Letters: Summer Reading, Basic Training

Listeners comment on smoking in the movies and the changing nature of basic training. They also reminisce about memories of prom and offer suggestions for this year's summer reading.

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NEAL CONAN, host:

It's Tuesday, the day we read from your emails. Our show last week on Army basic training - whether it's too tough or if it's gotten too soft - struck a nerve with a number of veterans, including Brian, a listener in Kentucky.

I entered the Army Reserves in 1999, he wrote. In 2004, I deployed to Iraq. Basic training is not all it can be. Soldiers need to learn discipline with advanced thinking and combat skills. The breaking down and building up mentality is for soldiers with preexisting discipline problems, not the majority of new recruits. Using demeaning language teaches nothing. Hard work and correct training will keep soldiers alive.

Many emailers were not happy with our discussion about smoking in the movies. New releases will now be rated on how they depict smoking, as well as on sex and violence. And guest, Richard Klein, explained that while tobacco use can kill you, moviemakers use cigarettes to express character and sometimes because it can make those characters alluring.

Give me a break, complained Heidi Zardis(ph) in Wyoming. Beautiful and useful used to describe smoking, with offhand references to it being bad for your health? It's a disgusting, dirty, life threatening habit that puts people in bondage and makes them wheeze, stink, cough and die young.

One thing we all agree on is that proms can be nerve-racking events for kids and parents. Last Thursday, we invited "Ask Amy's" Amy Dickinson to help guide us through it and reminisce a little about our own bad hair and big dresses - memories Matthew Banks would rather forget.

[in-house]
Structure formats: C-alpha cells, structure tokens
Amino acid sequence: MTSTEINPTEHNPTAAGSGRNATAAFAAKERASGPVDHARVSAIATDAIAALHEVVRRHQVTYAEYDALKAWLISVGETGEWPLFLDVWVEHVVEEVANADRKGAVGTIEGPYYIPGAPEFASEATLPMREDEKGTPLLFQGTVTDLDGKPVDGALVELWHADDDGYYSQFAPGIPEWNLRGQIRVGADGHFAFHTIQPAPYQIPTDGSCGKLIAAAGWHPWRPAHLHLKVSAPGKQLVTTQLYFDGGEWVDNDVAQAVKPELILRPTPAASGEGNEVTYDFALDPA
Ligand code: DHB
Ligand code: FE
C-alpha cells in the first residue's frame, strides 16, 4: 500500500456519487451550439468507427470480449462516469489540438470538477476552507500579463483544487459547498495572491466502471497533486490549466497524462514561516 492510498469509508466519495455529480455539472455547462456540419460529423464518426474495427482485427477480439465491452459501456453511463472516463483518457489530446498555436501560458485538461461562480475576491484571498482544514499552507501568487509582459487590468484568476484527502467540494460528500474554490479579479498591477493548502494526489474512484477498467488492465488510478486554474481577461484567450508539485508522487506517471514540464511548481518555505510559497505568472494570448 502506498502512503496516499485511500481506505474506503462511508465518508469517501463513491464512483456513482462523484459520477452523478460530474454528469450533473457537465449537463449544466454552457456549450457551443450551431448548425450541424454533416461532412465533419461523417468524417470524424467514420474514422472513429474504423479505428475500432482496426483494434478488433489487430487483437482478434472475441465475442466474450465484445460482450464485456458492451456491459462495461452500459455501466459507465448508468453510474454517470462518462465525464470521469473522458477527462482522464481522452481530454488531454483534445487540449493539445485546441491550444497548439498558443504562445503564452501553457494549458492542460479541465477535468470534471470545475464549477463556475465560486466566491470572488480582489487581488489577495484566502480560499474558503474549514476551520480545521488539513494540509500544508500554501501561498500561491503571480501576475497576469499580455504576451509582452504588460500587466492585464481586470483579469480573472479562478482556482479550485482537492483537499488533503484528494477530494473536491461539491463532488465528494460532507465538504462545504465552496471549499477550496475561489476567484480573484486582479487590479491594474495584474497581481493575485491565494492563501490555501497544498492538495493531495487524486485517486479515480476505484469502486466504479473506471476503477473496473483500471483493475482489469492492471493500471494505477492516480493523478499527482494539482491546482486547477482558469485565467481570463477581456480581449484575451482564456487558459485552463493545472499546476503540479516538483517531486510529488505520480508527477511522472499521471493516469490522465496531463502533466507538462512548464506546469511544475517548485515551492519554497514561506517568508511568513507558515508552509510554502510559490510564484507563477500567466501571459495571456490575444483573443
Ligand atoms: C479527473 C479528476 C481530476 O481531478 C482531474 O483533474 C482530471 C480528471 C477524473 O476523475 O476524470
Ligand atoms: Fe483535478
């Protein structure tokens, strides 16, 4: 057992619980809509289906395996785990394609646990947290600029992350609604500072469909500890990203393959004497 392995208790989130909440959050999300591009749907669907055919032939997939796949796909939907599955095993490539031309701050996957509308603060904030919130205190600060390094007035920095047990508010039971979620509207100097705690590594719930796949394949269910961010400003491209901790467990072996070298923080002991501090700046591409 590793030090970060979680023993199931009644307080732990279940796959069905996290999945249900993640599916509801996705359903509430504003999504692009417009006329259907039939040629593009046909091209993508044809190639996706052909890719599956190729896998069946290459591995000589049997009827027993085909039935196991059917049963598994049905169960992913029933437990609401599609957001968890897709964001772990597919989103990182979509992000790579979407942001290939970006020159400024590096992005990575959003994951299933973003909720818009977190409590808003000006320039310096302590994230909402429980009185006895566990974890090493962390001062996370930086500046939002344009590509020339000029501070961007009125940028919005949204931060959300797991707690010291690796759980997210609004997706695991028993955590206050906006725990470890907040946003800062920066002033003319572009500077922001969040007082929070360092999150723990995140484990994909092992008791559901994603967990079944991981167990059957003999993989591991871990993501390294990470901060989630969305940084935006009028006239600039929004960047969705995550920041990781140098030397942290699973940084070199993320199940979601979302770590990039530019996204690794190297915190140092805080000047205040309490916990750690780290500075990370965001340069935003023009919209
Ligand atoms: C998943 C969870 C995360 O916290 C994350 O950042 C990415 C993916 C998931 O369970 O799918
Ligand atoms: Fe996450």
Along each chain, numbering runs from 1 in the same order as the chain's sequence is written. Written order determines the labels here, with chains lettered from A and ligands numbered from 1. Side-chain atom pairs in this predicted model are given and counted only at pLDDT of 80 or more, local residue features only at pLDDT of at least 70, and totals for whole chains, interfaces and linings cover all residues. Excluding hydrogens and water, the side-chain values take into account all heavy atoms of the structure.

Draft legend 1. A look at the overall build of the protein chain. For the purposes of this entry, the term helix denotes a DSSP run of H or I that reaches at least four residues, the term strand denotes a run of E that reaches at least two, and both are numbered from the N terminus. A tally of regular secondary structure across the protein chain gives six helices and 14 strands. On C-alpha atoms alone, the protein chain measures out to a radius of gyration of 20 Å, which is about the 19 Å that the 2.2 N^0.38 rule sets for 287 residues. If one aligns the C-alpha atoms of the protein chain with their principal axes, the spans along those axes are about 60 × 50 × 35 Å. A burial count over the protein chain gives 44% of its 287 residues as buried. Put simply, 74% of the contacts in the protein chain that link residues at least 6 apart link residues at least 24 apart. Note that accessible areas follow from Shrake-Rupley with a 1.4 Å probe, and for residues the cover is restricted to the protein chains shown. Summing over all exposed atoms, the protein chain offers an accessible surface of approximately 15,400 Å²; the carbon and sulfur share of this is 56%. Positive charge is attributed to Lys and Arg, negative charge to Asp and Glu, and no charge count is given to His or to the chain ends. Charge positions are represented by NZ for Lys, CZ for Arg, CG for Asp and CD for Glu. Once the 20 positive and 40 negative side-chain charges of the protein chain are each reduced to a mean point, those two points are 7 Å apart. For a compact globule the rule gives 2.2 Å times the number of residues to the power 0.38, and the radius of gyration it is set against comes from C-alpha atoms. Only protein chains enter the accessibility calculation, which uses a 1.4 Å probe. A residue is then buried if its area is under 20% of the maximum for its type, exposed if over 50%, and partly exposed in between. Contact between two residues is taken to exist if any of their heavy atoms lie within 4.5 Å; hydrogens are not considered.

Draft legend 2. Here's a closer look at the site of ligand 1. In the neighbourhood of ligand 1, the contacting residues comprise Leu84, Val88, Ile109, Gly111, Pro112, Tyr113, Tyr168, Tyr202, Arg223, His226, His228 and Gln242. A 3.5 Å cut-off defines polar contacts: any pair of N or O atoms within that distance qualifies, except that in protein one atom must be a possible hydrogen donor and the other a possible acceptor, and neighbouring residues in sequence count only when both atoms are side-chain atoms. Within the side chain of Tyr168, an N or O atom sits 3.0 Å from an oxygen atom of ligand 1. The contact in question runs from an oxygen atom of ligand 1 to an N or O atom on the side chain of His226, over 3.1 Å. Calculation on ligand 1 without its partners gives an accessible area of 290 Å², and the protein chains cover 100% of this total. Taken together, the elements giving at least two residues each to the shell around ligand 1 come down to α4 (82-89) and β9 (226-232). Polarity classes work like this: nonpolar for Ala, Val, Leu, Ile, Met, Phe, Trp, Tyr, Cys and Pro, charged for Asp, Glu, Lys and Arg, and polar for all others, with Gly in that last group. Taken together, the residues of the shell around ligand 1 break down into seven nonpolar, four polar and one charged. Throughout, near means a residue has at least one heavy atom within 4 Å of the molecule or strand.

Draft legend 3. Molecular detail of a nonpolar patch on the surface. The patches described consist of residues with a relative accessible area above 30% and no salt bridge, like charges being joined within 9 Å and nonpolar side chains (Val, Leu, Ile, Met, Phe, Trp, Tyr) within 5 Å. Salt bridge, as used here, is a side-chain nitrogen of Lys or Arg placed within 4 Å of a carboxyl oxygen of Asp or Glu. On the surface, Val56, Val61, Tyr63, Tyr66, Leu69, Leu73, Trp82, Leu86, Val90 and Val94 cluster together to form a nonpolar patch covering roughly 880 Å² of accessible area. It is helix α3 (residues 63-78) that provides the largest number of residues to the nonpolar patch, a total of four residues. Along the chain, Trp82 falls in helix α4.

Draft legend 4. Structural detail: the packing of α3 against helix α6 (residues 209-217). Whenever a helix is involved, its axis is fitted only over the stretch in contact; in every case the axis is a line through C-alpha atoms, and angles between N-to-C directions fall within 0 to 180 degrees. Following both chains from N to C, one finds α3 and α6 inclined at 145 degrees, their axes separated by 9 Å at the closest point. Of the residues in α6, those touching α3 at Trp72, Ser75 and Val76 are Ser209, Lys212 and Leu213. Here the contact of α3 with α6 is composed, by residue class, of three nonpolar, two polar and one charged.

I spent most of my high school career buying the fantasy about prom that was sold to me, he wrote. But I spent most of that evening moping around and eating cheese. The theme of the prom was Romance in the Tropics. I got no romance, no tropics, and ended up with a lonely looking picture that made me look I belonged on the cover of a Beatles album. Not a memory I intend to cherish any time soon.

To help mark the unofficial start of summer yesterday, Lynn Neary hosted our annual review of summer books. The panel rattled off books from a number of genres, and many of you called and emailed with pics of your own. Susan emailed to suggest "Magic Time" - Doug Marlette's latest novel that has all the requisites of the perfect summer read. Okasha Canter(ph) recommended "American Born Chinese" by Gene Luen Yang. She said it's an engaging graphic novel that blends Chinese mythology with the frustrations of a second-generation Chinese-American teenager as he grapples with identity.

And Susan Freedman emailed to say treat yourself to "Sweet Francaise" by Irene Nemirovsky. It describes the tearing apart of the lives of various citizens of Paris as the Nazi occupation begins. The characters are diverse, and the writing and translation are exquisite. The book takes you to that time and place in a way no movie could. Not a mystery - it is most certainly a page-turner.

We've got dozens of other recommendations and reviews on the show - probably too many for me to read or for you to write down. But our nimble-fingered productions assistants compiled a list of the authors and titles, which we've just posted on our Web page. You can see it at npr.org/talk - again, npr.org/talk. If you have other recommendations for summer books or any comments, questions or corrections for it, the best way to reach us by email. Our address is talk@npr.org. Please let us know where you're writing from, and give us some help on how to pronounce your name.

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